It is also important to note that there is a certain degree of objectivity in value.  Some proponents of free markets claim (as a premise for more sordid ideas) that all value is subjective (citing the “disproof” of the labor theory of value as proof of this subjective theory).  This is really nothing more than the observation that “value” (though what they are actually thinking of is prices) can vary through time and space and relationally; someone who has just eaten “values” (is willing to pay for) food less than someone who is hungry.  However, the value of food, along with water and shelter is objective: you either value food, water, and shelter, or you die of starvation, dehydration, or exposure.  Willingness to pay has little relation to value, since it is affected by these exogenous factors, and others such as ability to pay.  A device that lets you access infotainment can never really be more valuable than food; food permits survival which is a premise to all other value–a dead person cannot value anything, even the ability to obtain food.  Someone who lives hand-to-mouth cannot reasonably be expected to obtain anything besides the necessities, and if they did, we would call this irrationality.  Subjectivity only enters the equation when we are able to ignore objective values, such as when a person has plenty of income or ability to self-provision to ignore the need to obtain these objectively-valuable things.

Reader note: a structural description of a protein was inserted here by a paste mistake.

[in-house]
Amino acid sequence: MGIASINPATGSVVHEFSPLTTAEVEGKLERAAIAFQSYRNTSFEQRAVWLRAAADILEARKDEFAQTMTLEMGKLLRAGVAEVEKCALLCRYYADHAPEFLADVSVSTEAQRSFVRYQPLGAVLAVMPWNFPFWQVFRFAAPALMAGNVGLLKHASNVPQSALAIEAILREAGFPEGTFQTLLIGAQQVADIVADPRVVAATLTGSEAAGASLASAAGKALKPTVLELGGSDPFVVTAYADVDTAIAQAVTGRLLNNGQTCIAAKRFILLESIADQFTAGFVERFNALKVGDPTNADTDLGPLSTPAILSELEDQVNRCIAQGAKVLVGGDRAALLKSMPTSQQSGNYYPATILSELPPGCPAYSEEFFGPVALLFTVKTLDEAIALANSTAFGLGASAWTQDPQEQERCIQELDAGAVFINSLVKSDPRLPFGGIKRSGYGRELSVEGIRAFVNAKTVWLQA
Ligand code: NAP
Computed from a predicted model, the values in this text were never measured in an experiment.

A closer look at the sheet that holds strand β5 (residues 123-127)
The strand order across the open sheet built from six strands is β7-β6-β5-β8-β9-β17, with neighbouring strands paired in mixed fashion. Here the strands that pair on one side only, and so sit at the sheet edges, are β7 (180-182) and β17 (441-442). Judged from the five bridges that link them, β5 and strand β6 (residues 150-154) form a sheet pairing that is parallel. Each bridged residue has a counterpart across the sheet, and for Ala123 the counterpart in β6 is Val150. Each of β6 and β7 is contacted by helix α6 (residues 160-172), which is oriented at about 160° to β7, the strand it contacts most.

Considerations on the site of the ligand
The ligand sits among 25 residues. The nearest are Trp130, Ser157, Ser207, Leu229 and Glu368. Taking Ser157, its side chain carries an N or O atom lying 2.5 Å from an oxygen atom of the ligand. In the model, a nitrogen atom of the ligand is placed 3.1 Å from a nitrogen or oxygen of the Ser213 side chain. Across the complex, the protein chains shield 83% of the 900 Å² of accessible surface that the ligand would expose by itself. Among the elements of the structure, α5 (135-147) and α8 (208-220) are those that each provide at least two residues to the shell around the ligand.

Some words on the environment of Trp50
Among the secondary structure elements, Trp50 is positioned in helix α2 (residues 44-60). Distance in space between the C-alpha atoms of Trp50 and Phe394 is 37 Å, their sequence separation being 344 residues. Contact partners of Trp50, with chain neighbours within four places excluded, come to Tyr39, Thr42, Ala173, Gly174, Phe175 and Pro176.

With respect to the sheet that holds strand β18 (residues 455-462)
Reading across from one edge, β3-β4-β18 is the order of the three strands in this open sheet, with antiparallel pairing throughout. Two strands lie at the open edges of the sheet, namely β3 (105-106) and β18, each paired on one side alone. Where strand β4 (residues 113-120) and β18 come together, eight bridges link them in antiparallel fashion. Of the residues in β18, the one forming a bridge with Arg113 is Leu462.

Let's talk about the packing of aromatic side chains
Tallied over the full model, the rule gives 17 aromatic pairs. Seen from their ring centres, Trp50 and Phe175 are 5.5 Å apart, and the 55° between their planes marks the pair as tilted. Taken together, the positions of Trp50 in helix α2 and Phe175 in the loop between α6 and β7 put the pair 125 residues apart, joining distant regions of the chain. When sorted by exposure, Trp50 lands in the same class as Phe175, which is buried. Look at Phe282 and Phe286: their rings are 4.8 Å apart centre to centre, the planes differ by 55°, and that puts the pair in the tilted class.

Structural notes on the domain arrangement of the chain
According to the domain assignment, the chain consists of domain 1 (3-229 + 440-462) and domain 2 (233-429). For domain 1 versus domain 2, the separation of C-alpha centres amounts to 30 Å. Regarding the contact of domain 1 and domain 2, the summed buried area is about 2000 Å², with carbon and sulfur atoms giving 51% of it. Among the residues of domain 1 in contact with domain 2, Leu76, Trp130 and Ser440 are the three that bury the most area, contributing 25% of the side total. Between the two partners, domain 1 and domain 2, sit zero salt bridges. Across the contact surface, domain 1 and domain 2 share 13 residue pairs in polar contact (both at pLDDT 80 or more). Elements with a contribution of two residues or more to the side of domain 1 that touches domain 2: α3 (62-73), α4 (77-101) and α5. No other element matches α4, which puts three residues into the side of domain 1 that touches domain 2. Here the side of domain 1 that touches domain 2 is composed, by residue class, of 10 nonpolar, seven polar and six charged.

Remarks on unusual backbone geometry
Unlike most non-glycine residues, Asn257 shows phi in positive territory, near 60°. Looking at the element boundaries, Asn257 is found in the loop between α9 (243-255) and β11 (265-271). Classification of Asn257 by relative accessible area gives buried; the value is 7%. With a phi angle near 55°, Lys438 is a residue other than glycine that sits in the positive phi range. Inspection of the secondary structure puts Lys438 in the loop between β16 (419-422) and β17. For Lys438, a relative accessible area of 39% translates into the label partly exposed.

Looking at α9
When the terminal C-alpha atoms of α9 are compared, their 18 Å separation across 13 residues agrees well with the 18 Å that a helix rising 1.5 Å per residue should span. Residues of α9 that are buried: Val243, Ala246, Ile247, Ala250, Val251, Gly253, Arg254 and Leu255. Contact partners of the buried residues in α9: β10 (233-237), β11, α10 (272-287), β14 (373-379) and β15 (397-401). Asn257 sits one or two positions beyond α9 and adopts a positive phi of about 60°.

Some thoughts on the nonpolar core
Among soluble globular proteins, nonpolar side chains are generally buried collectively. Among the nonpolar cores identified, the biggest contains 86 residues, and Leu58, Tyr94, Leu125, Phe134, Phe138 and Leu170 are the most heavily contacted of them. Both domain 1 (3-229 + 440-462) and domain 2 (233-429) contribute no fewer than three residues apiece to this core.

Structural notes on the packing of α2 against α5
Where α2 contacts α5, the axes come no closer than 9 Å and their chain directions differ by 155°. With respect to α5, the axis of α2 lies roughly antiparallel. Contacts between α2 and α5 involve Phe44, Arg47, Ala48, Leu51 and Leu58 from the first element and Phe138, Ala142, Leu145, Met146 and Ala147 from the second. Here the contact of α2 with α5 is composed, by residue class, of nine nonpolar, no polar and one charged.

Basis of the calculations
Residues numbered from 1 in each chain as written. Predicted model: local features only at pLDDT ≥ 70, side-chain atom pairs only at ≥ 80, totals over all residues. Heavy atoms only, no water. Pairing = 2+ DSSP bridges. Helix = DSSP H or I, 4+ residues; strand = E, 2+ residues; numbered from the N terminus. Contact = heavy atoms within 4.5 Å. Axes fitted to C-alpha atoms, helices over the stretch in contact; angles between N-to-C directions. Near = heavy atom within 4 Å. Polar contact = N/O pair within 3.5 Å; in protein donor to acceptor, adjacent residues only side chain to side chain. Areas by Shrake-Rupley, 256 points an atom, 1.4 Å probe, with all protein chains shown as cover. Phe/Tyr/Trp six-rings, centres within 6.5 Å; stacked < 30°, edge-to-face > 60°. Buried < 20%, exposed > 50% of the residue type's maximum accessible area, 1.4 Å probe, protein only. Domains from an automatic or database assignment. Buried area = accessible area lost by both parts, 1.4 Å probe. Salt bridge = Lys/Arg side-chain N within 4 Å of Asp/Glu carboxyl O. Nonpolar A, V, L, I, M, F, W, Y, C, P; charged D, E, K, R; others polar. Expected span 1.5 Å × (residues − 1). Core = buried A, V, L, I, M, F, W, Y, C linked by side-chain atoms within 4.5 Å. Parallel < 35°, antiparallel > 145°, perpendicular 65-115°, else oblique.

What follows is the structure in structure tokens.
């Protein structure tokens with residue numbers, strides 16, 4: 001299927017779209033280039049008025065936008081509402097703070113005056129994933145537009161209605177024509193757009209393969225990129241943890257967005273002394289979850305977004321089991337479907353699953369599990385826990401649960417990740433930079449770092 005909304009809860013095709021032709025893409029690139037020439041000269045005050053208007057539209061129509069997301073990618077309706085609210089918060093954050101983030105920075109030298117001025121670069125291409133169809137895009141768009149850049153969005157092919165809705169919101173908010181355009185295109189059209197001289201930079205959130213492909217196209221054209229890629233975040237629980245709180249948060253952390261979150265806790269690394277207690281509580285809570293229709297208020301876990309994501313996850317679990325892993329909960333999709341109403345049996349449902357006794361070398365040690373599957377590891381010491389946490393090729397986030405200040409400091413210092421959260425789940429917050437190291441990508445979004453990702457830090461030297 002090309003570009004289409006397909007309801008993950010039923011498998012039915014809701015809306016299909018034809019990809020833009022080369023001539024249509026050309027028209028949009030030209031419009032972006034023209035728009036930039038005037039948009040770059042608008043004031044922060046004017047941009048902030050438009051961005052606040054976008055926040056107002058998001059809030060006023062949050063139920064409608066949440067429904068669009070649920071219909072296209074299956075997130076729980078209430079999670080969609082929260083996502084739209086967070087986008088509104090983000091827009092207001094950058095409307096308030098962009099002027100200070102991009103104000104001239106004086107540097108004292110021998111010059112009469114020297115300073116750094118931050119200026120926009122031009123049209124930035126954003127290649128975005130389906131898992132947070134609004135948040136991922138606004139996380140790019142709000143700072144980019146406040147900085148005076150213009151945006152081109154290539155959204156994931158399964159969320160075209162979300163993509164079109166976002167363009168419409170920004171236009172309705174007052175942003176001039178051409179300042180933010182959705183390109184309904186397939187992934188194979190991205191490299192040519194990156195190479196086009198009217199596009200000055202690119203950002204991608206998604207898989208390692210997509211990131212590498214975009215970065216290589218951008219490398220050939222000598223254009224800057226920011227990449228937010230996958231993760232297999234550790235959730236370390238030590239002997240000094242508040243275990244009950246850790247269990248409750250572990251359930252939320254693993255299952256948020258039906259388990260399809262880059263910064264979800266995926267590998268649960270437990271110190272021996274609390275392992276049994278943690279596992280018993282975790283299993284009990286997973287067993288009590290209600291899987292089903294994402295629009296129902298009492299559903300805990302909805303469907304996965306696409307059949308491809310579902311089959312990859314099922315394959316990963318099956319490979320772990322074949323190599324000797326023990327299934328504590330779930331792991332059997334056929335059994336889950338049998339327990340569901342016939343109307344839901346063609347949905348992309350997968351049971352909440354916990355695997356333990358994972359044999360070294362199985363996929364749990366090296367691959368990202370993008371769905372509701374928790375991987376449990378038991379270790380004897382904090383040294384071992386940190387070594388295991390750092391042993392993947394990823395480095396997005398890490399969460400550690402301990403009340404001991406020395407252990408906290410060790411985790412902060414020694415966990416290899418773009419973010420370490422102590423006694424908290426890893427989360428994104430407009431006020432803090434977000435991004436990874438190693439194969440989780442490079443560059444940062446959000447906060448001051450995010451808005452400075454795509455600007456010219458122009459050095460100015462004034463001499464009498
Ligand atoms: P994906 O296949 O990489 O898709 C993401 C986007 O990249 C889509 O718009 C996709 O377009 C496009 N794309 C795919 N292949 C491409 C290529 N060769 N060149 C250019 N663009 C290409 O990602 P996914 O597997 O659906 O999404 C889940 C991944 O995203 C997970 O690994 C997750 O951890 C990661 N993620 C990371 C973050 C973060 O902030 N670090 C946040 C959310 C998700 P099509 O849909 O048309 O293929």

Finally, it is important to point out that most of our objectively valuable goods (shelter being the biggest exception) are consumed at some non-zero rate.  We need to consume food and water, we can’t simply use it.  Clothing gets worn out or stops fitting eventually.  There is always a nonzero demand for these items and there must always be a nonzero supply for them. We certainly have the ability to produce durable goods that could provide us with these objectively-valuable goods without needing a continuous input of human labor.  However, whether or not we produce these autonomous durable goods, the need remains for them to be produced continuously, because we need to consume them continuously.

With these premises, let’s look at how markets work in their context: